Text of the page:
Christianity has converted many people, but that conversion is not worth calling religious. It converts thepoor, the hungry, the beggars, the orphans, not by any spiritual impact on them but just by giving themfood, clothes, shelter, education. But these have nothing to do with spirituality. Mohammedanism hasconverted a tremendous amount of people, but on the point of the sword: either you be a Mohammedan,or you cannot live. The choice is yours.
The conversion that happened in China is the only religious conversion in the whole history of mankind.Buddhism simply explained itself, and the beauty of the message was understood by the people. Theywere thirsty for it, they were waiting for something like it. The whole country, which was the biggestcountry in the world, turned to Buddhism. When Bodhidharma reached there six hundred years later,there were already thirty thousand Buddhist temples, monasteries, and two million Buddhist monks inChina. And two million Buddhist monks is not a small number; it was five percent of the whole populationof China.
Pragyatara, Bodhidharma's master,told him to go to China because the people who had reached therebefore him had made a great impact, although none of them were enlightened. They were great scholars,very disciplined people, very loving and peaceful and compassionate, but none of them were enlightened.And now China needed another Gautam Buddha. The ground was ready.
Bodhidharma was the first enlightened man to reach China. The point I want to make clear is that whileGautam Buddha was afraid to initiate women into his commune, Bodhidharma was courageous enough tobe initiated by a woman on the path of Gautam Buddha. There were other enlightened people, but hechose a woman for a certain purpose. And the purpose was to show that a woman can be enlightened.Not only that, her disciples can be enlightened. Bodhidharma's name stands out amongst all the Buddhistenlightened people second only to Gautam Buddha.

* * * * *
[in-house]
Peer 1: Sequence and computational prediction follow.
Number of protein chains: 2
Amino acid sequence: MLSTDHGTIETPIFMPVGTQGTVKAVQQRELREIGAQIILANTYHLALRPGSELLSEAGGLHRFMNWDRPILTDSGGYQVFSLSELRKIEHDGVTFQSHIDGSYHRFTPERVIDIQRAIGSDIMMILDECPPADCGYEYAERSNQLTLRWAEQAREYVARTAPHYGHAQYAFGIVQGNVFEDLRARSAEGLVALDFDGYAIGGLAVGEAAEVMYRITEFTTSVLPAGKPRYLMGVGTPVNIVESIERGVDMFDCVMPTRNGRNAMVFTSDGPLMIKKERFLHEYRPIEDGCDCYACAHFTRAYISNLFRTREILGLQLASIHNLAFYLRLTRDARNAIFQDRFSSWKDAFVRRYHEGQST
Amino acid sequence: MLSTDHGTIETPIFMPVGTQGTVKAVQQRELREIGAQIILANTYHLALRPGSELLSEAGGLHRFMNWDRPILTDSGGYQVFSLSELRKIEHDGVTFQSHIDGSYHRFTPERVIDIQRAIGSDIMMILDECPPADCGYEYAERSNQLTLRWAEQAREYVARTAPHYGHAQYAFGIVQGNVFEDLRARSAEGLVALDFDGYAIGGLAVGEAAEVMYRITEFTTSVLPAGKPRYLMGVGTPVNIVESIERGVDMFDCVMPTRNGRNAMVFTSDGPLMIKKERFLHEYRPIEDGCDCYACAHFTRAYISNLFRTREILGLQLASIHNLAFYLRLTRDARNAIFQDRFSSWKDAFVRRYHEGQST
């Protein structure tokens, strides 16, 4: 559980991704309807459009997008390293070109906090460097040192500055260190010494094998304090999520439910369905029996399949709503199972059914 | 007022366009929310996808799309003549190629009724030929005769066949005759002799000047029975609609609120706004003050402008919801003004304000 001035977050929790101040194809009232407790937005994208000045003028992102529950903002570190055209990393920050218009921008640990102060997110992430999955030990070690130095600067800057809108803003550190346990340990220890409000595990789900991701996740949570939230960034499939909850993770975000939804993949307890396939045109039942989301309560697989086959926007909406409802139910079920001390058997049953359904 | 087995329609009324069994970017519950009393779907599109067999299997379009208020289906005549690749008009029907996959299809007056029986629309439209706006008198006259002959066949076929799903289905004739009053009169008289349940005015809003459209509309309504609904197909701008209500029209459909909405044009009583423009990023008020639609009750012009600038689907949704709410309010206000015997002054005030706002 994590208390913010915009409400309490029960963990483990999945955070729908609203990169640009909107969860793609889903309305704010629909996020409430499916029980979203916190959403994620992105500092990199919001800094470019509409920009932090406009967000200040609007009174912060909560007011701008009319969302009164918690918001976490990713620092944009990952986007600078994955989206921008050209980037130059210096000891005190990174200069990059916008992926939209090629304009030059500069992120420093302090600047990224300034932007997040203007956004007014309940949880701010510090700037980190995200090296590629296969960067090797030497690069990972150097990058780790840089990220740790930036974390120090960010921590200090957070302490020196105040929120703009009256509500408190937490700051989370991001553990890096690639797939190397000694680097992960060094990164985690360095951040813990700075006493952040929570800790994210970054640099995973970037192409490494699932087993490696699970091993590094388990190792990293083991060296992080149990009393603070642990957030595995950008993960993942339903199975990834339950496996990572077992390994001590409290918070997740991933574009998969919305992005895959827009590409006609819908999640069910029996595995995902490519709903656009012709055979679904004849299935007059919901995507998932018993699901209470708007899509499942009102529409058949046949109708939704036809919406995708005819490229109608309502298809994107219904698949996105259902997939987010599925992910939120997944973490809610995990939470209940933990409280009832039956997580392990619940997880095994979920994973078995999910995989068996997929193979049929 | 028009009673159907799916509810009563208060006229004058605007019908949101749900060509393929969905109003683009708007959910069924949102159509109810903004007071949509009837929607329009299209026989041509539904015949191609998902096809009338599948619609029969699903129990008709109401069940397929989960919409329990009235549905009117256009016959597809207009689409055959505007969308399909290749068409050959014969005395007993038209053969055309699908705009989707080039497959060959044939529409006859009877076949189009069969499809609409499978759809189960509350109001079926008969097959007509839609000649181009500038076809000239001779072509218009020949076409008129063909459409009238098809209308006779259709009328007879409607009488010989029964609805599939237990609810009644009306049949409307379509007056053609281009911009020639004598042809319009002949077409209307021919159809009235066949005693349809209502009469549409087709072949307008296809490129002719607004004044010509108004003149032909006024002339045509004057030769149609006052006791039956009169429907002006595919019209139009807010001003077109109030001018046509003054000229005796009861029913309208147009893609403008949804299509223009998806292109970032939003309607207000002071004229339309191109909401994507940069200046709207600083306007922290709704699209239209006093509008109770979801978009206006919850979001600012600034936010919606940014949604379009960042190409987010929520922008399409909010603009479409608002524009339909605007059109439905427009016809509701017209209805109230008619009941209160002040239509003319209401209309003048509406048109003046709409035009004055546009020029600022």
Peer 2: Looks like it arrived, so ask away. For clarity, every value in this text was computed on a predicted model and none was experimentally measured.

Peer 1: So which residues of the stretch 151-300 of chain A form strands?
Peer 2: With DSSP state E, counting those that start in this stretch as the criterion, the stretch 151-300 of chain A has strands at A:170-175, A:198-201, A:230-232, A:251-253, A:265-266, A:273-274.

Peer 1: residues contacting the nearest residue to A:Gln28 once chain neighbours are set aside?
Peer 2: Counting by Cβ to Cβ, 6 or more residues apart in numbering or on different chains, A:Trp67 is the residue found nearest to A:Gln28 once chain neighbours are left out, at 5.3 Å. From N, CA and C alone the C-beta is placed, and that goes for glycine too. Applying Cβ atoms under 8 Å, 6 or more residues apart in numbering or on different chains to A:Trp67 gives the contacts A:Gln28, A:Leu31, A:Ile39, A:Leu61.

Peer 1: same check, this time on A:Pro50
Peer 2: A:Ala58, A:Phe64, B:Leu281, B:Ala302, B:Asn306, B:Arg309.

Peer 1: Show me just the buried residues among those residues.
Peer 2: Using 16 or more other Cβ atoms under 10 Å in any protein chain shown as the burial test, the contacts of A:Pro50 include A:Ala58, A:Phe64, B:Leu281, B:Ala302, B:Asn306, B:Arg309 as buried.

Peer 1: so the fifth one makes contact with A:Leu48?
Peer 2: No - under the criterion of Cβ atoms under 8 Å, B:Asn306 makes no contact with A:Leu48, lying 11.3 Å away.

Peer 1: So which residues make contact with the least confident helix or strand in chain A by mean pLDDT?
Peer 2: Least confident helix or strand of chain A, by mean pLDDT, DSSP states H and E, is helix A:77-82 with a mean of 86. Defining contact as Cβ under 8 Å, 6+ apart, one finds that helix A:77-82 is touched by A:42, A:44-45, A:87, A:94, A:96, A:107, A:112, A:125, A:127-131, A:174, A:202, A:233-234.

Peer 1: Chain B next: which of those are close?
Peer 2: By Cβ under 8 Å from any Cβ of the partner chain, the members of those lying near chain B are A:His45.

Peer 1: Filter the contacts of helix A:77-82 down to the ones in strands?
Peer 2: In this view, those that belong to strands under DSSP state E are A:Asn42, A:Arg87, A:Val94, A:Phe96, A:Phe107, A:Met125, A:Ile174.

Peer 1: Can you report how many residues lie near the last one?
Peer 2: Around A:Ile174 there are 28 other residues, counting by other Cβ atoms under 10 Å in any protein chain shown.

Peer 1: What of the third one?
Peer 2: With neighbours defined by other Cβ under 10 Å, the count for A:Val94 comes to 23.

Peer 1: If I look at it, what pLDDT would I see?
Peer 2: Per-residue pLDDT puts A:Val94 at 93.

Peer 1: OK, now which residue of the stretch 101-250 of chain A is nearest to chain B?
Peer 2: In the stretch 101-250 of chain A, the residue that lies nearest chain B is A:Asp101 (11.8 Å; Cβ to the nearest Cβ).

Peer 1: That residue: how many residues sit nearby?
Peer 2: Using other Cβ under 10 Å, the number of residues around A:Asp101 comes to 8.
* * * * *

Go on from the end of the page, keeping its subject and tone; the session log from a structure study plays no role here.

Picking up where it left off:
There are many legends about the man; they all have some significance. The first legend is: When hereached China -- it took him three years -- the Chinese emperor Wu came to receive him. His fame hadreached ahead of him. Emperor Wu had done great service to the philosophy of Gautam Buddha.Thousands of scholars were translating Buddhist scriptures from Pali into Chinese and the emperor wasthe patron of all that great work of translation. He had made thousands of temples and monasteries, andhe was feeding thousands of monks. He had put his whole treasure at the service of Gautam Buddha, andnaturally the Buddhist monks who had reached before Bodhidharma had been telling him that he wasearning great virtue, that he will be born as a god in heaven.
Naturally, his first question to Bodhidharma was, "I have made so many monasteries, I am feedingthousands of scholars, I have opened a whole university for the studies of Gautam Buddha, I have put mywhole empire and its treasures in the service of Gautam Buddha. What is going to be my reward?"
He was a little embarrassed seeing Bodhidharma, not thinking that the man would be like this. He lookedvery ferocious. He had very big eyes, but he had a very soft heart -- just a lotus flower in his heart. Buthis face was almost as dangerous as you can conceive. Just the sunglasses were missing; otherwise hewas a mafia guy!